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A collection of images from prior stories, including illustrations of DNA, chromosomes, and various cells, microscopy images of cancer cells, and a photo of a mouse on a treadmill.
Our Favorite Cancer Stories of 2022
This year, cancer researchers uncovered a variety of ways that tumors can survive and spread, ranging from damaging their own DNA to exploiting the nearby microenvironment for nutrients.
Our Favorite Cancer Stories of 2022
Our Favorite Cancer Stories of 2022

This year, cancer researchers uncovered a variety of ways that tumors can survive and spread, ranging from damaging their own DNA to exploiting the nearby microenvironment for nutrients.

This year, cancer researchers uncovered a variety of ways that tumors can survive and spread, ranging from damaging their own DNA to exploiting the nearby microenvironment for nutrients.

squamous cell carcinoma
Micrograph image of cancer cells stained violet.
Oral Cancer Survives Starvation with Help from Nearby Nerves
Dan Robitzski | Nov 16, 2022 | 3 min read
Human and mouse oral tumors recruit nerves to produce peptides that the cancer cells need to survive—but this process can be blocked with a migraine drug.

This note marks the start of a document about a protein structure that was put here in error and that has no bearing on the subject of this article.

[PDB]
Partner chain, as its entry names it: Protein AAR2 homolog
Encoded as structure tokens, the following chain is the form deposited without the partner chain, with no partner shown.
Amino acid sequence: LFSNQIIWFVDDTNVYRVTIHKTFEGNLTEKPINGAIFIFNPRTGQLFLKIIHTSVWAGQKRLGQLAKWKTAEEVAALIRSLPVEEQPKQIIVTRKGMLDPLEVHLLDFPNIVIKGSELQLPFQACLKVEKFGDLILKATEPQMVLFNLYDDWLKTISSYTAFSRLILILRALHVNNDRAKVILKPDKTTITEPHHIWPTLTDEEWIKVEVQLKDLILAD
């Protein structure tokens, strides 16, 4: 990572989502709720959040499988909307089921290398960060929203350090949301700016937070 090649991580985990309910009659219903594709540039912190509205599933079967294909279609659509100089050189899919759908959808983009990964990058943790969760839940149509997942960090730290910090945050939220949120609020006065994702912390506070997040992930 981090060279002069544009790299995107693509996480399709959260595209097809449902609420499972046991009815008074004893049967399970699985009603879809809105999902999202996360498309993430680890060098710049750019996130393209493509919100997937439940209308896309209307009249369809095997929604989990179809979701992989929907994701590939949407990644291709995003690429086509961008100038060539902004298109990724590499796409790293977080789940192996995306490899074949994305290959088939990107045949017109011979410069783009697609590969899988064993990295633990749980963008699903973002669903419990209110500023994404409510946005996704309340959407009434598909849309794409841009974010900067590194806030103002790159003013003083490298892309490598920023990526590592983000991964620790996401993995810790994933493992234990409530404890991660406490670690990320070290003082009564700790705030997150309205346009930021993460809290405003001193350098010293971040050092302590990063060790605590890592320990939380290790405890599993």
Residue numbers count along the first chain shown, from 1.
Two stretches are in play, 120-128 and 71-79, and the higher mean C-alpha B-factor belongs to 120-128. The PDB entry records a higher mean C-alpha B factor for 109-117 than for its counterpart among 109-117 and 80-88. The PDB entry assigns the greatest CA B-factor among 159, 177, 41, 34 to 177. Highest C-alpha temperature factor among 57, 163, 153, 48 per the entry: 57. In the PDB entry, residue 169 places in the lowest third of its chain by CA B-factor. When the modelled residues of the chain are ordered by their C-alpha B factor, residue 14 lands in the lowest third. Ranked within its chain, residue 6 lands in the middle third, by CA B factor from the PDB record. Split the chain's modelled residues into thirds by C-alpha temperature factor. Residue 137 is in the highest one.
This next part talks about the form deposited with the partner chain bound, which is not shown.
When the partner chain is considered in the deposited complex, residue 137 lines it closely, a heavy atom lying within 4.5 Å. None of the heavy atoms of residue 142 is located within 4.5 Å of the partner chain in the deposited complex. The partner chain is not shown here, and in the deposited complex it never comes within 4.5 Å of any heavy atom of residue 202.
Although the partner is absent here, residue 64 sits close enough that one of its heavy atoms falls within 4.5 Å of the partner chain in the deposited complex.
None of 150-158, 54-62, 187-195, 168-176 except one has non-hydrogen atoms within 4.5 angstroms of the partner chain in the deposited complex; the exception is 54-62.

istock lung cancer
Precision Medicine Turns to Proteins for Lung Cancer Targets
Roni Dengler, PhD | Nov 9, 2021 | 2 min read
Probing the protein landscape in lung cancers reveals new therapeutic insights.
More Than Skin Deep
Anna Azvolinsky | May 1, 2016 | 9 min read
Elaine Fuchs has worked on adult stem cells since before they were so named, figuring out how multipotent epidermal cells renew or turn into skin or hair follicles.
Fuchs on the Future
The Scientist Staff | Apr 30, 2016 | 1 min read
Rockefeller University researcher Elaine Fuchs on being a woman in science and her contributions to the burgeoning field of reverse genetics
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